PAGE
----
Carter & Lovecraft
By Jonathan Howard
This story is miles apart from some of Howard's earlier work reviewed here. It doesn't have quite the same sheen of sarcastic humor laid over everything. That makes sense as the subject matter is different. This is another story in a crowded field of works inspired by the late writer H.P. Lovecraft. Although it has a few Grand Guignol scenes for the most part this story stays true to Lovecraft's trick of implying what was wrong as opposed to coming out and saying it. The mood is more important to this novel than some of the events. Of course Howard is a better writer than Lovecraft so his characters are better developed. Even though I didn't enjoy this as much as Howard's Cabal series I still thought it was worthwhile reading. The book is just over 300 pages and has more than a little in common with the film Angel Heart in some aspects.
The author H.P. Lovecraft lived at a point in time when science was rapidly advancing and overturning previously closely held myths. Einstein's theories of general and special relativity along with other later discoveries made some people think that maybe they weren't at the center of the universe after all. Worse, the idea of quantum physics made people deal with the idea that reality itself was random and unknowable and an illusion. Lovecraft didn't write down, as later speculative fiction writer Arthur C. Clarke did, the dictum that "any sufficiently advanced technology is indistinguishable from magic" but it is a concept which pervades many of his stories, most famously "Dreams in the Witch House". If reality itself is only a set of probabilities and creatures or events can exist in mutually exclusive categories before we actually observe them, what would happen if someone or something was able to hack reality? What would that look like? What would happen if someone could alter reality via his understanding of advanced mathematics? These and more are the questions which are raised in this book.
Daniel Carter is a NYC homicide detective. Well rather he used to be a NYC homicide detective. He and his partner were chasing after a serial killer of young boys. The killer committed suicide but strangely enough so did Carter's partner. Losing his taste for police work, not least because his fellow cops wonder if there's something wrong with him, Carter becomes a private detective. It's not glamorous work. No sultry busty blondes in pencil skirts walk into his office begging for his help. He doesn't get into shootouts with mob torpedoes. His work is mostly confirming someone's suspicions of their spouse's infidelity or finding someone who doesn't want to be found. Carter has settled into a generally low excitement and low pay lifestyle. But then a big shot lawyer who shouldn't even know that Carter exists stops by Carter's office to inform him that he's inherited a bookstore from a non-relative named Alfred Hill whom Carter has never even heard of before. The bookstore is in Providence, Rhode Island. Carter goes to Providence to check it out. The bookstore is currently being managed by Emily Lovecraft, an African-American woman who is the niece of Alfred Hill and the last collateral descendant of the famous writer. Emily Lovecraft is not exactly enthused about the idea of sharing or losing control of her bookstore.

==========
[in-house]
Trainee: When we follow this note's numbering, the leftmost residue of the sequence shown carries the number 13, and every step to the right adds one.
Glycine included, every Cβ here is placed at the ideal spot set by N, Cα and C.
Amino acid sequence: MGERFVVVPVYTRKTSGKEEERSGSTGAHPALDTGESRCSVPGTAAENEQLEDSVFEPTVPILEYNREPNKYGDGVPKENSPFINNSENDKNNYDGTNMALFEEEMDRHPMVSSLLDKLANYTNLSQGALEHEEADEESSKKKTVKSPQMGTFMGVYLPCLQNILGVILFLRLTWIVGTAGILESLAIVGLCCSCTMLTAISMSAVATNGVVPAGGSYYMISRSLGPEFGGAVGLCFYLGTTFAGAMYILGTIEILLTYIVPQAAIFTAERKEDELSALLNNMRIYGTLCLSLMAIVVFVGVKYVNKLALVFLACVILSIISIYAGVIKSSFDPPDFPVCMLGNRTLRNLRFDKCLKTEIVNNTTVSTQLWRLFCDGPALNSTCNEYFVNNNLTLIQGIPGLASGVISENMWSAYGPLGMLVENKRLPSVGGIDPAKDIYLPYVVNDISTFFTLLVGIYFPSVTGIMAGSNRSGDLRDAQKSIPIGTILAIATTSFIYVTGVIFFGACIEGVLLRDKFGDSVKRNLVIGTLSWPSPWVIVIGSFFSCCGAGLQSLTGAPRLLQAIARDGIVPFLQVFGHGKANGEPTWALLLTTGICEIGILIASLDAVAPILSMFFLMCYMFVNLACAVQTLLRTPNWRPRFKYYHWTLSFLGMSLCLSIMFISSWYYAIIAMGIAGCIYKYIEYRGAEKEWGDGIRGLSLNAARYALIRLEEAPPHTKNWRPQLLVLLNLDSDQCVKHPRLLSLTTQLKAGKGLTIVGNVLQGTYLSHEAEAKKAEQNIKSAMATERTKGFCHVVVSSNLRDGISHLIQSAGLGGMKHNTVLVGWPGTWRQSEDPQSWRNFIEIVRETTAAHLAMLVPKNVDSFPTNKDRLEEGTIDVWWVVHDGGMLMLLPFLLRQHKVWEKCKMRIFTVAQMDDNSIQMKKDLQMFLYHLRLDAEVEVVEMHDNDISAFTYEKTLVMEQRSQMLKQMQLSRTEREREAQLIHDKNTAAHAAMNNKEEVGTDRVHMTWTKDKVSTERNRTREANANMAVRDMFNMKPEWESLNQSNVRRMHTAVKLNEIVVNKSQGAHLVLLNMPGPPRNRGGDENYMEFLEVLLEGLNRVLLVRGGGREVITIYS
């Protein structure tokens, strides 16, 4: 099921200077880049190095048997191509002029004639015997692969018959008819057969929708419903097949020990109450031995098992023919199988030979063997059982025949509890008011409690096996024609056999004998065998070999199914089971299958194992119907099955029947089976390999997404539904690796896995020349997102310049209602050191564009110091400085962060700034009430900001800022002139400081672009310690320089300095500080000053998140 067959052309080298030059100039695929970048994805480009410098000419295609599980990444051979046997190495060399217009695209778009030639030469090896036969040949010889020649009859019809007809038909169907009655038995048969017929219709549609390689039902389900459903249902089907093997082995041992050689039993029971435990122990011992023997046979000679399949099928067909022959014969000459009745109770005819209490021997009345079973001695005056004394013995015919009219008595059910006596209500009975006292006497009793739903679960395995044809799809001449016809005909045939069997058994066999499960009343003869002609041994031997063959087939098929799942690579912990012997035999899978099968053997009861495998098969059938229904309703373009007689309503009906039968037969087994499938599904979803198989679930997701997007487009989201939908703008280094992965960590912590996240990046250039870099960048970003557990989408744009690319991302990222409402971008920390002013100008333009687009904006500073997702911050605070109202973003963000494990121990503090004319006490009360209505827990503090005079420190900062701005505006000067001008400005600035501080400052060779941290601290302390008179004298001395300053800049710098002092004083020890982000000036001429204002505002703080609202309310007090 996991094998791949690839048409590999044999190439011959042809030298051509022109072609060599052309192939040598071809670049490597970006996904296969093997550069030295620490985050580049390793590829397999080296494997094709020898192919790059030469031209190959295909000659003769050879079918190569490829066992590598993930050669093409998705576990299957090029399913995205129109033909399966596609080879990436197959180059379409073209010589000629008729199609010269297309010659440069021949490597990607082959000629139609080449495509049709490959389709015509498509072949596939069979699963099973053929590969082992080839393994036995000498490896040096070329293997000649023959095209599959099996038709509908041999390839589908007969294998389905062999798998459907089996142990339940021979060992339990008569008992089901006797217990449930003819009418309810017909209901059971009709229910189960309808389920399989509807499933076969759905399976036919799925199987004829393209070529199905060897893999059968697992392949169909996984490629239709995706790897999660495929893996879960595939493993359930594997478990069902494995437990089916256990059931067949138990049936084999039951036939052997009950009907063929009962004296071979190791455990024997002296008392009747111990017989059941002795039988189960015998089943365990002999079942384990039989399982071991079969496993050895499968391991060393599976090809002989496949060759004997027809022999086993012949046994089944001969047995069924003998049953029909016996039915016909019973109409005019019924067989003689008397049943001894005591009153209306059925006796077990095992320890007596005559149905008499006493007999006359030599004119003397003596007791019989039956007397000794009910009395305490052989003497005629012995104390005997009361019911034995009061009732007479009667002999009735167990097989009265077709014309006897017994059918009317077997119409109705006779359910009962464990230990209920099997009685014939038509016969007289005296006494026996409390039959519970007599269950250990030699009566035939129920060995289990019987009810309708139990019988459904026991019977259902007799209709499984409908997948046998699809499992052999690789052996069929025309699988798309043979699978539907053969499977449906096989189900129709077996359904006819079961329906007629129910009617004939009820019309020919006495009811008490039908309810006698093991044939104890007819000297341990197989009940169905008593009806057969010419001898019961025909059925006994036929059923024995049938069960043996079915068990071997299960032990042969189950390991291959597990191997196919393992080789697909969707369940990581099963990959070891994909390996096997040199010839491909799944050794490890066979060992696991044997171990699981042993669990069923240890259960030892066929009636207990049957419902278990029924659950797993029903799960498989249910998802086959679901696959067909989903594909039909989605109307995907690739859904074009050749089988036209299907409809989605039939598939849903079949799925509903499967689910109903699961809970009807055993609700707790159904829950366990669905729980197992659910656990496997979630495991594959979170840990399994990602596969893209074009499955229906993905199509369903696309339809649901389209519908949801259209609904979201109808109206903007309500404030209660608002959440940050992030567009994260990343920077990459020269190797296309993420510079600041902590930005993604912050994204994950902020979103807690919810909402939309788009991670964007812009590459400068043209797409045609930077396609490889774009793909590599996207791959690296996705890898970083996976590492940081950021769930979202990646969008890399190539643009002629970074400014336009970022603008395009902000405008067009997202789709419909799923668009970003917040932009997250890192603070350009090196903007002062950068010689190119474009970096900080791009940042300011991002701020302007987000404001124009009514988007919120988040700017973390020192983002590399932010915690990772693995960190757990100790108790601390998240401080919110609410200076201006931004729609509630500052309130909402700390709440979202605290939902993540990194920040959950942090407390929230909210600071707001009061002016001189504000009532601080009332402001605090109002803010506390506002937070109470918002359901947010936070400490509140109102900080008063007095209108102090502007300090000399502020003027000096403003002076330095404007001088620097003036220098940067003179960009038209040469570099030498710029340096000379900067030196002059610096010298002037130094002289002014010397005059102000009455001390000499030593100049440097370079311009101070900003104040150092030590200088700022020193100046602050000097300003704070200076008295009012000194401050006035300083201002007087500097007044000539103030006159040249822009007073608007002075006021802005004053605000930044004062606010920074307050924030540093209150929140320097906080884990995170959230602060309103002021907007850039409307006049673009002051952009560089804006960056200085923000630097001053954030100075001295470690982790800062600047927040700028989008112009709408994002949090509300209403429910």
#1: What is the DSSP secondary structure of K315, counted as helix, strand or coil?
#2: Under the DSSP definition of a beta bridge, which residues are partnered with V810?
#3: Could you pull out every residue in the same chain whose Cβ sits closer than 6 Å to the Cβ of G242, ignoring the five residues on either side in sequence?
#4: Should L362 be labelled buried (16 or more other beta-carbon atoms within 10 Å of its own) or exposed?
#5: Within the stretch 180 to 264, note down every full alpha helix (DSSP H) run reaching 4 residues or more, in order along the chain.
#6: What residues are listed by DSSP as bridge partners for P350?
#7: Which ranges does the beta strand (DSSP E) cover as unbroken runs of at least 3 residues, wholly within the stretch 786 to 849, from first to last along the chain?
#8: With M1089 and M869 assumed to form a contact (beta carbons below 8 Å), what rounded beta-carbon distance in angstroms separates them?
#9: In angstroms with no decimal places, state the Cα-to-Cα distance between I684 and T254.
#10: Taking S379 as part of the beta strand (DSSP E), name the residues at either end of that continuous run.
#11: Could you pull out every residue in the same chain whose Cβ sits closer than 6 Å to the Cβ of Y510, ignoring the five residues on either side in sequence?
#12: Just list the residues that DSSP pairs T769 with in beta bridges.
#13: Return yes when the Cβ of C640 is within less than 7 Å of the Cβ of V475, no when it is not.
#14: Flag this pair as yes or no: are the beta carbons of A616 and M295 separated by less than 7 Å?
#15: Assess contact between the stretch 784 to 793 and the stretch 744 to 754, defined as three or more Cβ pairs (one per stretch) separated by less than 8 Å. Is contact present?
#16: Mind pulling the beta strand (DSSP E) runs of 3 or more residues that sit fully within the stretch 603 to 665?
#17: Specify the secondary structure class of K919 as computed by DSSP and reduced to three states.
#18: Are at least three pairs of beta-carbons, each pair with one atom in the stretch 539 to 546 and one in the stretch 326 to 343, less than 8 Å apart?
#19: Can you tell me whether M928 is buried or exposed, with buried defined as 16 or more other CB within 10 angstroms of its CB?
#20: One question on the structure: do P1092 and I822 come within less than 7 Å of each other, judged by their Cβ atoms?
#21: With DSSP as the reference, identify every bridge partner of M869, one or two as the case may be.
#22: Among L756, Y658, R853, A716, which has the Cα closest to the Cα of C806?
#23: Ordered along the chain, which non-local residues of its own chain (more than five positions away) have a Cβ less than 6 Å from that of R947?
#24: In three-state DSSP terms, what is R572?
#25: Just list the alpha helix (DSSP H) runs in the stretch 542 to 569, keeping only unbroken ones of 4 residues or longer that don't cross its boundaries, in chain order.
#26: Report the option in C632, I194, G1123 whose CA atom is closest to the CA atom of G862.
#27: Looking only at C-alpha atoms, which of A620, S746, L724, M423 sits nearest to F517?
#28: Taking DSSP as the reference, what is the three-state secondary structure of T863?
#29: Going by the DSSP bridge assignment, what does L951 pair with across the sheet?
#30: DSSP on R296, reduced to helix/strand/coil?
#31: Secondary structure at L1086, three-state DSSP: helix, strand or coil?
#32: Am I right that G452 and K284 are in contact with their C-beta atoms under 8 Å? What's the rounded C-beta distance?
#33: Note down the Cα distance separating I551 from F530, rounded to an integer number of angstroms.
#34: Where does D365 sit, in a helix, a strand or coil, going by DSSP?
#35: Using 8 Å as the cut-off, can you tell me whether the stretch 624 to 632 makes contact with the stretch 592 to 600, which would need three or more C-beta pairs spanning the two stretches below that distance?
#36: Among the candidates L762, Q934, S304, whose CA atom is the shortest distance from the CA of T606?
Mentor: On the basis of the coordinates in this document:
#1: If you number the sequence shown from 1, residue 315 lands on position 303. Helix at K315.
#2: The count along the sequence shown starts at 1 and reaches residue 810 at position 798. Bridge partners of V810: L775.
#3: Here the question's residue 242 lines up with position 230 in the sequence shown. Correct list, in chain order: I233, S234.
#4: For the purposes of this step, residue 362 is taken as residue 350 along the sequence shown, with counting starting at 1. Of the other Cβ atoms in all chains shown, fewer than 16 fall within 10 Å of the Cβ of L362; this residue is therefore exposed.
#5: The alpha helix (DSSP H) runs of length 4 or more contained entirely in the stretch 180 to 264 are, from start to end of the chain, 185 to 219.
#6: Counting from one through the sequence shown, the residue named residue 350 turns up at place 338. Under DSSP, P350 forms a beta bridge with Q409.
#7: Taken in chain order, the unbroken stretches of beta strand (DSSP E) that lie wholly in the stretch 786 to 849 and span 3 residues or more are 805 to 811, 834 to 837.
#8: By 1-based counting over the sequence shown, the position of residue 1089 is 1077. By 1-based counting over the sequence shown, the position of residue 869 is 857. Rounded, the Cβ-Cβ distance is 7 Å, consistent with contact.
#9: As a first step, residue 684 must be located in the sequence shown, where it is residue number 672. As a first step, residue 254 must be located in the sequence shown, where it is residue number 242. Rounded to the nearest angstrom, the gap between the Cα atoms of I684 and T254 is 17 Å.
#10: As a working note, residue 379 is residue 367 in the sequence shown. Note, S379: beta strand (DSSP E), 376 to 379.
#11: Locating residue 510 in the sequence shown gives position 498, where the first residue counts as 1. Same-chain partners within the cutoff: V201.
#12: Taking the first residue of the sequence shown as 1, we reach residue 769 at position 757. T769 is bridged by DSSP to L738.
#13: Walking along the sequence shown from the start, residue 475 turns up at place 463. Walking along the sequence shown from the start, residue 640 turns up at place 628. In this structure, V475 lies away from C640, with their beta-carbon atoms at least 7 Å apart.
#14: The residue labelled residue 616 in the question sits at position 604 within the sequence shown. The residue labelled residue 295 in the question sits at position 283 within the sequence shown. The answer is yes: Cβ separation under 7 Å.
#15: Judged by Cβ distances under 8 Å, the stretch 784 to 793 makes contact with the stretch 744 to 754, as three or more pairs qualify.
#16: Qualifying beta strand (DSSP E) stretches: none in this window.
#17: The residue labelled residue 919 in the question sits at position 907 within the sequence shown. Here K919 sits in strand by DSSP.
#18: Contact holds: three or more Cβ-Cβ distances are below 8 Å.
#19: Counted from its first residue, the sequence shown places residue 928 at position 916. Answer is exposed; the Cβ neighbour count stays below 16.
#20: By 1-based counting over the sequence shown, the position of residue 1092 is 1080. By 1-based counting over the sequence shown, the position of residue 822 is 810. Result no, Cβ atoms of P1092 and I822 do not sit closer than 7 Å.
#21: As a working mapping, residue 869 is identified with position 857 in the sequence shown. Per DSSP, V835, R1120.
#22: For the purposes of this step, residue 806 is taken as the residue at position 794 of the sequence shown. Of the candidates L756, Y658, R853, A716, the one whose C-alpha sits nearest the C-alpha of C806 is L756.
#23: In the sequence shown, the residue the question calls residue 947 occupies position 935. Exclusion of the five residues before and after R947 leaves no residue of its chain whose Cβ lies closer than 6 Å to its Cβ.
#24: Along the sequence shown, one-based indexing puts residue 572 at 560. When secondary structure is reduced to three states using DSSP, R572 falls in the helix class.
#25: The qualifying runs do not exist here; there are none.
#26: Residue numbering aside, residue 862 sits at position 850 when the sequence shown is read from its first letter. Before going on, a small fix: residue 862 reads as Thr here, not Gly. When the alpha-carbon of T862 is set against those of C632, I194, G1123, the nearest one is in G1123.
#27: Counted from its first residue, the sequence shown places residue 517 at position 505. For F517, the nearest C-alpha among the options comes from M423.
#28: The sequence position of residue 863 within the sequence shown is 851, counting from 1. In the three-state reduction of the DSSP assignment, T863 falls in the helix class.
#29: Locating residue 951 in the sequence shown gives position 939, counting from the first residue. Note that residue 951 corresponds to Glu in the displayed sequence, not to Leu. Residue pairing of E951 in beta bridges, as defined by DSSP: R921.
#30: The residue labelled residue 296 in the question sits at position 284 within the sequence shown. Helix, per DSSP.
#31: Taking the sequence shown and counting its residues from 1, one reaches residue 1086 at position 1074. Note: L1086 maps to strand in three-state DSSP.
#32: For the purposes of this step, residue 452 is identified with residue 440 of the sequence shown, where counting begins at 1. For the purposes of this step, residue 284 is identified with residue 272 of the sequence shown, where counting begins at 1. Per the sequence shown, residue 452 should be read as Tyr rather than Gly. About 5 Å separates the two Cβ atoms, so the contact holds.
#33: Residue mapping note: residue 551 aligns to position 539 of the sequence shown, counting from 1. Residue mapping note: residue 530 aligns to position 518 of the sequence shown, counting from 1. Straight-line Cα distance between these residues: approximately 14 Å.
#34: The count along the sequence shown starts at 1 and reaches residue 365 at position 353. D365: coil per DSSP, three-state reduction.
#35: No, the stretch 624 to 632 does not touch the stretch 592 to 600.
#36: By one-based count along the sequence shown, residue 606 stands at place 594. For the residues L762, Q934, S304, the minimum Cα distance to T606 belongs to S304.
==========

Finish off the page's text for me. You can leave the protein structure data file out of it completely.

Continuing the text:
This is strange. But what's stranger is that someone starts winning against all the odds in Atlantic City casinos. Lovecraft's boyfriend starts behaving oddly. And other people start dying in ways that are literally impossible. Against their will both Carter and Lovecraft are drawn into these events. And they find that not everything H.P. Lovecraft wrote may have been fiction. There are tons of side jokes that will appeal to H.P. Lovecraft enthusiasts, both in character names and chapter titles. There's plenty of foreshadowing. At the same time this story is also a deconstruction of the Lovecraft mythos and perhaps to a lesser extent the detective genre. It is weird. I mean that as a complement. This story will appeal as much to science and detective novel devotees as it will to Lovecraft fans. This is a good example of using inspiration to create art that's inspired by someone but has your own take on things. Again, things are not always spelled out for the reader. If you're not familiar with Lovecraft or rather weren't impressed with his prose this story could be a useful introduction and reworking.